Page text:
Old Man on Old Speck

The parking area was plowed when I arrived at the trailhead for Old Speck Mountain in Grafton Notch State Park. Located in a remote alpine region about a dozen miles north of Newry, the cleared lot was much appreciated as shoveling out car space beside the road is sometimes an unwelcome necessity.

Typical of long winter hikes I left home before dawn and anticipated returning in the dark. Poor night vision is one of my many elderly afflictions, so driving in the dark is not on my happy list. The temperature was five degrees and my expected companions had yet to arrive. While waiting, I decided to inspect trail conditions. Scrambling over an eight foot mound of plowed snow, I was encouraged to find the trail packed by previous hikers leaving the possibility that snowshoes would be unnecessary. A group decision would have to be made on whether or not to carry them. The trail sign stated it was 3.8 miles to the summit. I had read a trail description indicating the actual distance was 4.05 miles. Involving significant elevation gain to the 4,180 foot summit, Old Speck is Maine’s fourth highest peak and the tallest mountain in the Mahoosuc Range.

Returning to the car, fellow trekkers Gary and Suzanne Cole arrived. To say that we frequently hike together would be a substantial understatement. Over the past thirty years, we’ve teamed to climb all of the one hundred highest peaks in New England in the winter, most more than once. Despite many challenges and adversities, we’re still avid enthusiasts. The secret is an enduring love affair with the mountains in winter.

The Coles had discovered an informative online report indicating a team of hikers had recently reached the summit, so we agreed to gamble leaving snowshoes behind. Micro spikes would be our footgear of choice while recognizing that if the path was inundated with snow at higher elevations, we’d regret the decision.

The forecast was cold temperatures throughout the day with gusty winds from the northwest ensuring subzero wind chills on a long ridge approaching the summit. Packing my warmest down parka, I activated hand warmers inside hiking mitts. Starting out with three layers of polypro and fleece under a breathable waterproof shell and wearing a stocking cap over a balaclava, I felt adequately attired for the conditions. Included in my pack was a bivy sack, heavy duty fleece pants, two emergency blankets, face mask, goggles, ice fishing mitts, headlight with spare batteries, fire starter, map, compass, food, water, extra clothes and lots of hand warmers. Although a disagreeable eventuality, I was reasonably confident I could survive a night on the mountain or assist someone else with the same. My counterparts were similarly outfitted.

At the outset, we experienced easy traveling on a hard packed snow surface past a junction with Eyebrow Loop Trail. Soon after, we began ascending steeply in a dense conifer forest. Most of the trek would be on the Appalachian Trail (AT) which traverses the Mahoosuc Range, reputedly the most difficult section of the 2,200 mile footpath. A well-defined trail, the AT has a winter disadvantage, white blaze markers are often camouflaged by snow.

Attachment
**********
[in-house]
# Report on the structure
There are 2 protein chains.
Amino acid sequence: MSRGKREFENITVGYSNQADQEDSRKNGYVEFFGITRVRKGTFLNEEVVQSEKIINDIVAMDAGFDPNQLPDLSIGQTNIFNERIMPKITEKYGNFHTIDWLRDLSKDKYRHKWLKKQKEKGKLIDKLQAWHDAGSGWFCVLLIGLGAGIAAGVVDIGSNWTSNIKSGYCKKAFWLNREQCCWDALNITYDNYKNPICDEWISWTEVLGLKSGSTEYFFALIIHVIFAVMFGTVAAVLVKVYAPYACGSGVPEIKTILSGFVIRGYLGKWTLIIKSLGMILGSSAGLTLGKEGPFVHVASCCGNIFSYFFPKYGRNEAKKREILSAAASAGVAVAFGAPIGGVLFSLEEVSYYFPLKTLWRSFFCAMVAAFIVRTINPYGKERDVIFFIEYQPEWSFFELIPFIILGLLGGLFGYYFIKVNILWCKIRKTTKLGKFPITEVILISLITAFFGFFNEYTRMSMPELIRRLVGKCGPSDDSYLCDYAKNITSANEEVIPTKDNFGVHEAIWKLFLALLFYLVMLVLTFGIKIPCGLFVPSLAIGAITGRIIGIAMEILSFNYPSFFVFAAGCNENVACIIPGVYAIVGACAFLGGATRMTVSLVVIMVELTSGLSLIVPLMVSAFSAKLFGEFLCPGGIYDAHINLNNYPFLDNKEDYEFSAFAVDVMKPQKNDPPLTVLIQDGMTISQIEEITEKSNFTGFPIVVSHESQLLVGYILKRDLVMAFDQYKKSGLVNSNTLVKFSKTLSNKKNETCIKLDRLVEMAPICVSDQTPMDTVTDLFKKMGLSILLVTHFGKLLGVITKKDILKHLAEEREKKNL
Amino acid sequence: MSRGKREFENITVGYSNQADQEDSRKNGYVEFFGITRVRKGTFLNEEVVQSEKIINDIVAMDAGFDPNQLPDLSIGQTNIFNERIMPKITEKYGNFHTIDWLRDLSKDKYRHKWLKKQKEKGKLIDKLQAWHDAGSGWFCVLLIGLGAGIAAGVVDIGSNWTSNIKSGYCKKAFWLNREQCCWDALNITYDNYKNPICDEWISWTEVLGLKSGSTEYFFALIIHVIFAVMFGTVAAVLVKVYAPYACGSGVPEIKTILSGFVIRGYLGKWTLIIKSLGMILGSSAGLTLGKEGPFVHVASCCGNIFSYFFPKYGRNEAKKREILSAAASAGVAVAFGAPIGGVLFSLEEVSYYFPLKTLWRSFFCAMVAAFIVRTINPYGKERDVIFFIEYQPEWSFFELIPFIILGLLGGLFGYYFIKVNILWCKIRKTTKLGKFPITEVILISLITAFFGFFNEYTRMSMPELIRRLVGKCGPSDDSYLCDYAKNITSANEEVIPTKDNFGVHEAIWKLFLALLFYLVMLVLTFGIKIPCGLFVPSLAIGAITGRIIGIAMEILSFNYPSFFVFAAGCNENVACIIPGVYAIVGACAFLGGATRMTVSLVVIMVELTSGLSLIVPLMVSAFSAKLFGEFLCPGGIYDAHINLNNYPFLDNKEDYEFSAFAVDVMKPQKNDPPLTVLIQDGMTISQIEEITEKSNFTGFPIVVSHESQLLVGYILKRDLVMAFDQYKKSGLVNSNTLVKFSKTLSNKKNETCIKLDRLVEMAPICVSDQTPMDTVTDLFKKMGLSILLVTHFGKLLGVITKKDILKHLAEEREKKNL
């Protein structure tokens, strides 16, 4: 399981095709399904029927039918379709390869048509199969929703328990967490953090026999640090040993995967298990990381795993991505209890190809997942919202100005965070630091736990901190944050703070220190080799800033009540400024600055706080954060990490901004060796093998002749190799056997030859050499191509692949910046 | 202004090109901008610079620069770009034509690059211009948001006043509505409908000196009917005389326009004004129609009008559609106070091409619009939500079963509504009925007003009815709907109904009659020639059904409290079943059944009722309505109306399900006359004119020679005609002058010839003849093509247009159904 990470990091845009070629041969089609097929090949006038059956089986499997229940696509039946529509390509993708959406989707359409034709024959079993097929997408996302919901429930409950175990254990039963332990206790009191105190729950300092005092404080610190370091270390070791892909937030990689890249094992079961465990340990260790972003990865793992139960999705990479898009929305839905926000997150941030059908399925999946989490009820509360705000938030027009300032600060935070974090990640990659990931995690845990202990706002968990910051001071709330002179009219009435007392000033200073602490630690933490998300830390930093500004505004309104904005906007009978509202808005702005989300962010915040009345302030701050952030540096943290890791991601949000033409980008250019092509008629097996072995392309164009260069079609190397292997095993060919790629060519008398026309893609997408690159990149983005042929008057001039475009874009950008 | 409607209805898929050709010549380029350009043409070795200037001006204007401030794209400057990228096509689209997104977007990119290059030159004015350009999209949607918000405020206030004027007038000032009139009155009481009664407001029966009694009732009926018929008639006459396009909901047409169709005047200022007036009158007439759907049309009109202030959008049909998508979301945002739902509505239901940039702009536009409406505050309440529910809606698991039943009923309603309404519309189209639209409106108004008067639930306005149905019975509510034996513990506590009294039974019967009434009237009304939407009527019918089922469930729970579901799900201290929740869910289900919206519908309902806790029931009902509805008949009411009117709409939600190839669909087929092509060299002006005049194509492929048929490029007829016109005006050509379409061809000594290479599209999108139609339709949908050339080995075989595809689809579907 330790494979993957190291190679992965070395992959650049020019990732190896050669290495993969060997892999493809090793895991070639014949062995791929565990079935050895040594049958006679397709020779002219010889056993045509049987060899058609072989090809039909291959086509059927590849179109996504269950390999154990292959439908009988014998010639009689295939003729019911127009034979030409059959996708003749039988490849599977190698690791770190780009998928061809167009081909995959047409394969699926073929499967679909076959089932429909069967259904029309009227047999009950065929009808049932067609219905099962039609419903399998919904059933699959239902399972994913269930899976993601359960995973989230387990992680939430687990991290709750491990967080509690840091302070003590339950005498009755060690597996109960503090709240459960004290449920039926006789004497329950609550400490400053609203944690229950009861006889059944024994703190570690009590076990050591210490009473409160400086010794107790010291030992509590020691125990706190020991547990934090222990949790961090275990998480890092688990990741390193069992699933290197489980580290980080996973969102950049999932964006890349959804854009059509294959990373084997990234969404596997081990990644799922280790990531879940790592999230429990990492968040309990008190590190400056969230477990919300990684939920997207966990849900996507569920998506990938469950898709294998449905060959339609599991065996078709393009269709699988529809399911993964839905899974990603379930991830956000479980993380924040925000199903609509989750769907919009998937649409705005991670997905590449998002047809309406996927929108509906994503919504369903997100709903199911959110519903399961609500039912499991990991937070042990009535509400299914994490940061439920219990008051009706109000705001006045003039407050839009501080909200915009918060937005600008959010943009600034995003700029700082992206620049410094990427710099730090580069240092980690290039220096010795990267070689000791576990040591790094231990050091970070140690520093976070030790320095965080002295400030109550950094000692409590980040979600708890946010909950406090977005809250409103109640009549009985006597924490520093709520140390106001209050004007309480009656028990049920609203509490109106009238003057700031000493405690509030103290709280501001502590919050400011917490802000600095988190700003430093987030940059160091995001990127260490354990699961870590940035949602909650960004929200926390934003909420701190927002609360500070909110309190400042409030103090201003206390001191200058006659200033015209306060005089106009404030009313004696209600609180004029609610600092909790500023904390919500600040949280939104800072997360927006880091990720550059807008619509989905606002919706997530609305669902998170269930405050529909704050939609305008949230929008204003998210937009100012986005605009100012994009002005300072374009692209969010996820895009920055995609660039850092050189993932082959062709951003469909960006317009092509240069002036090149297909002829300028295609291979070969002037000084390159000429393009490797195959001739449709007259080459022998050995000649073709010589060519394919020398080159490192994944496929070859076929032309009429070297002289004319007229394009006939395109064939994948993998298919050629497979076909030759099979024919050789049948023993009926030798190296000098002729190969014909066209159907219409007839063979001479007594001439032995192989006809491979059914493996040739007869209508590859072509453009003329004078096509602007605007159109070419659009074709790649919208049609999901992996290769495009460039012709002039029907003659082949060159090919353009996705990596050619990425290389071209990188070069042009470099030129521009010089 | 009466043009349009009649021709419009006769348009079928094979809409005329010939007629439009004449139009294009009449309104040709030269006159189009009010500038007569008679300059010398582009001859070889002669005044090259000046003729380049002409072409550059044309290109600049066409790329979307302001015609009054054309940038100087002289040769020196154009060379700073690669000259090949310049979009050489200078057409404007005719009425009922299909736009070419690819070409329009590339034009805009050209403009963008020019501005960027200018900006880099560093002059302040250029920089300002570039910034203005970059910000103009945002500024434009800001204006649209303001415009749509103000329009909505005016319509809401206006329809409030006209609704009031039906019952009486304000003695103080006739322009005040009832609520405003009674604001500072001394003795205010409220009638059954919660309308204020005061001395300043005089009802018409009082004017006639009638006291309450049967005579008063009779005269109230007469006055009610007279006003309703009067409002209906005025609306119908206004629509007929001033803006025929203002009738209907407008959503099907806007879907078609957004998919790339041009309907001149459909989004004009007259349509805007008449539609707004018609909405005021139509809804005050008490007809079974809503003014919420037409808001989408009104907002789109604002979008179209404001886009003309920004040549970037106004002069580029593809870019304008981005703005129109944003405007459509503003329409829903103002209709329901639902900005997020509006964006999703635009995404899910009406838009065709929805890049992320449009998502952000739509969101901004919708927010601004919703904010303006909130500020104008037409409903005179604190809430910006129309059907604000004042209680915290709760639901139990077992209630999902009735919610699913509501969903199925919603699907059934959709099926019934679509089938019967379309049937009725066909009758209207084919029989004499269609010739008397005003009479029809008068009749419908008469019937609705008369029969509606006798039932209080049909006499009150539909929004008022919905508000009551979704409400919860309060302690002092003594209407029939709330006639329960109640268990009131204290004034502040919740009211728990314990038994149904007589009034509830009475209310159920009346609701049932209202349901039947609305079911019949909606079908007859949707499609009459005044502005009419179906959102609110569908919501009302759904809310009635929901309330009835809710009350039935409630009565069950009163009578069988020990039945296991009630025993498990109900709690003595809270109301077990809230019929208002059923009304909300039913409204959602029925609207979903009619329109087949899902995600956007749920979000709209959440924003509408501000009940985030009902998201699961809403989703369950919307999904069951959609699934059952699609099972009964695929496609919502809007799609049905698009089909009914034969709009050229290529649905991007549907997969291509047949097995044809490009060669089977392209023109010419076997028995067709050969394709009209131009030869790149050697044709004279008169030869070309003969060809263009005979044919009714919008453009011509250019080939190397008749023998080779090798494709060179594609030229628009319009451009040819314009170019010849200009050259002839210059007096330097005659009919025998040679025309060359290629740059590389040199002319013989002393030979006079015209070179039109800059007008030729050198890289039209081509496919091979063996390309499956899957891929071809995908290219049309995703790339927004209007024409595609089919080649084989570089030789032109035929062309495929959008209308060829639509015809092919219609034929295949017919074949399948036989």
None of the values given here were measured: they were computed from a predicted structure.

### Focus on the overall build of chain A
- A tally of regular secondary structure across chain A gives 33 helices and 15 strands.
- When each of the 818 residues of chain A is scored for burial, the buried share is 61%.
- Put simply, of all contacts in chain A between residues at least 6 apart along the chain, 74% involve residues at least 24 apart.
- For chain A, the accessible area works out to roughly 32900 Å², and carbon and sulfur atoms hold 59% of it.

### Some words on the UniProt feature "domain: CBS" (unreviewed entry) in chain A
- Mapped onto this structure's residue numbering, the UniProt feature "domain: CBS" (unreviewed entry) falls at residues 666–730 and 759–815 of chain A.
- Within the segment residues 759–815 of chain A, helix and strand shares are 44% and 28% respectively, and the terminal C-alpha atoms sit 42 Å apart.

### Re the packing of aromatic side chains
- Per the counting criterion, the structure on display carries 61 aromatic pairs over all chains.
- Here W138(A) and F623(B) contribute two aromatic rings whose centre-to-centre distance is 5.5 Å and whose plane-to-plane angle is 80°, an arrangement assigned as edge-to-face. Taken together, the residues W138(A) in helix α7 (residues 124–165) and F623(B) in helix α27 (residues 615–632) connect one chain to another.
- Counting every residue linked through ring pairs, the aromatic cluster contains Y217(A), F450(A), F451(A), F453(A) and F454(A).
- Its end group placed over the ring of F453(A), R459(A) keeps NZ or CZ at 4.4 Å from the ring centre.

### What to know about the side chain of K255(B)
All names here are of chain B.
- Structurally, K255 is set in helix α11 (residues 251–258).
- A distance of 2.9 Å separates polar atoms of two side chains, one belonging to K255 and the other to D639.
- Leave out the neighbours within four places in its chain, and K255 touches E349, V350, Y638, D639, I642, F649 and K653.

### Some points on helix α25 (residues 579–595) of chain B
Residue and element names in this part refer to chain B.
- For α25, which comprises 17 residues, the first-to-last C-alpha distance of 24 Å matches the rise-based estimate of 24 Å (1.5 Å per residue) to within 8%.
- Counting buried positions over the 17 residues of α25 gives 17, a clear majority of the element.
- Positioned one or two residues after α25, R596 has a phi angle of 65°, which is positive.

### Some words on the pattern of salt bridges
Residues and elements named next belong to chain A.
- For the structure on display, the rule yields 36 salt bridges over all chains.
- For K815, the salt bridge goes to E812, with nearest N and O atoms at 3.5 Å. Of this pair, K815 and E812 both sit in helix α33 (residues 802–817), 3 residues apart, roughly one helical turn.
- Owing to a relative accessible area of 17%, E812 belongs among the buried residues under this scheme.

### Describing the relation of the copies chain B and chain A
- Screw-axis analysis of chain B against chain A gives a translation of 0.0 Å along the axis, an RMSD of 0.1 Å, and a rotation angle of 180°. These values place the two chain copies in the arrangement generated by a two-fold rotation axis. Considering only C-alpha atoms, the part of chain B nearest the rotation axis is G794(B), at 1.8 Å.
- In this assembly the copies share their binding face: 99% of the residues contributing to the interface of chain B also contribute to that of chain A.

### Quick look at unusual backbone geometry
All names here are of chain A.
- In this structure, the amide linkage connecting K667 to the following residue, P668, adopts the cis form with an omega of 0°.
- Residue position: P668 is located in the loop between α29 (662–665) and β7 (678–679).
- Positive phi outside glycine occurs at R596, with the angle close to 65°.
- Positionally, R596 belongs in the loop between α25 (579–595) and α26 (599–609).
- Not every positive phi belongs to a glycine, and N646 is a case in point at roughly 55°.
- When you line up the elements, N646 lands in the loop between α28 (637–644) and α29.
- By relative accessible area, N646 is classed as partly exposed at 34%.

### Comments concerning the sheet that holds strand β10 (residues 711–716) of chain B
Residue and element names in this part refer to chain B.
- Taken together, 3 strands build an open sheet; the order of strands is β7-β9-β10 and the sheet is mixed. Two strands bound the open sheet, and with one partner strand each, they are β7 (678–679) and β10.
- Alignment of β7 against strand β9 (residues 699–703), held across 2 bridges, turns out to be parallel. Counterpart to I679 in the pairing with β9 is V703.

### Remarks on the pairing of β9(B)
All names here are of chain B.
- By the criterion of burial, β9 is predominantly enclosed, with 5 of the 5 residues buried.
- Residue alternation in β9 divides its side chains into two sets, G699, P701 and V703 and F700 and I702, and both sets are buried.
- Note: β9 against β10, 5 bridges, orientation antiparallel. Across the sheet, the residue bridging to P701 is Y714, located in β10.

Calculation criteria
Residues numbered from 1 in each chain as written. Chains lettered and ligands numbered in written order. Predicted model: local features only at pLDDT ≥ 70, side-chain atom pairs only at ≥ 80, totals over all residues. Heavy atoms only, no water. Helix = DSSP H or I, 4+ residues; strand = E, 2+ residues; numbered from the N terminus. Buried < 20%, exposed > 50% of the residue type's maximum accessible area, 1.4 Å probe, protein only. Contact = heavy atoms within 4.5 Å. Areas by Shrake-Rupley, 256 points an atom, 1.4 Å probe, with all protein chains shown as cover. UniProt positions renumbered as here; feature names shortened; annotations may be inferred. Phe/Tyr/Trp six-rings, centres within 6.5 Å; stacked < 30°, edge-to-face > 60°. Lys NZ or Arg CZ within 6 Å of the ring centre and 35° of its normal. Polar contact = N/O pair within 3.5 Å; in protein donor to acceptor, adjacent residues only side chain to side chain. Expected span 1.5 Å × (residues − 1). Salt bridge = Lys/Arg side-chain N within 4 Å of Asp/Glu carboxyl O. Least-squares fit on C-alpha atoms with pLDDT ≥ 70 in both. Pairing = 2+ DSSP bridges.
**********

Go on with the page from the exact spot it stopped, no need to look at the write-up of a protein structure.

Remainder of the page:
Layering down to avoid the perils of excessive sweating, we persisted steadily upward to an exposed bluff with expansive views. Observing the summit high above, it seemed a peak too far. Passing the upper terminus of Eyebrow Loop, the trail continued climbing abruptly until reaching a more gradual sparsely forested ridge.

The blustery ridge brought additional challenges; severe wind chills and drifted snow. Halting to don extra layers for protection from the piercing cold, a young solo hiker passed a reminder of how much my pace has slowed in recent years. Narrowing as we progressed, the ridge revealed periodic views north and south. Particularly rewarding was a glimpse of picturesque Speck Pond situated in a col between Old Speck and Mahoosuc Arm. A friend and I spent a memorable chilly late fall night in a lean-to at the secluded tarn about 30 years ago.

Just beyond, the AT plummeted precipitously to the pond while we persevered on the Grafton Loop Trail to the summit. Hurriedly adding down parkas on arrival, we enjoyed a frosty abbreviated lunch with the fleet footed trekker while savoring an exceptional panoramic vista of the northern Mahoosucs.

The well-packed trail facilitated a rapid descent. While sporadic post-holing had been encountered, overall we were satisfied with our decision to leave snowshoes behind. Completing the journey in a little over five hours, our swift mountaineering acquaintance had departed before we reached the parking lot.

Cautiously peering into the dark on my drive home, this senior citizen contemplated his next 4000 footer. The days are getting longer!

Ron Chase

About Ron Chase

At age 70, Ron Chase is old. But, he’s not under the grass…yet. Retired from a career with the Internal Revenue Service, he has embarked on a new life as a freelance writer and tax consultant. Don’t be misled; in reality, he works a little and plays a lot. When not busy kayaking, canoeing, biking, mountain climbing and skiing, he sometimes finds time to write and assist his tax clients. A lifelong Mainer now living in Topsham, he is the recent author of The Great Mars Hill Bank Robbery, a biography of Vietnam War hero and bank robber Bernard Patterson.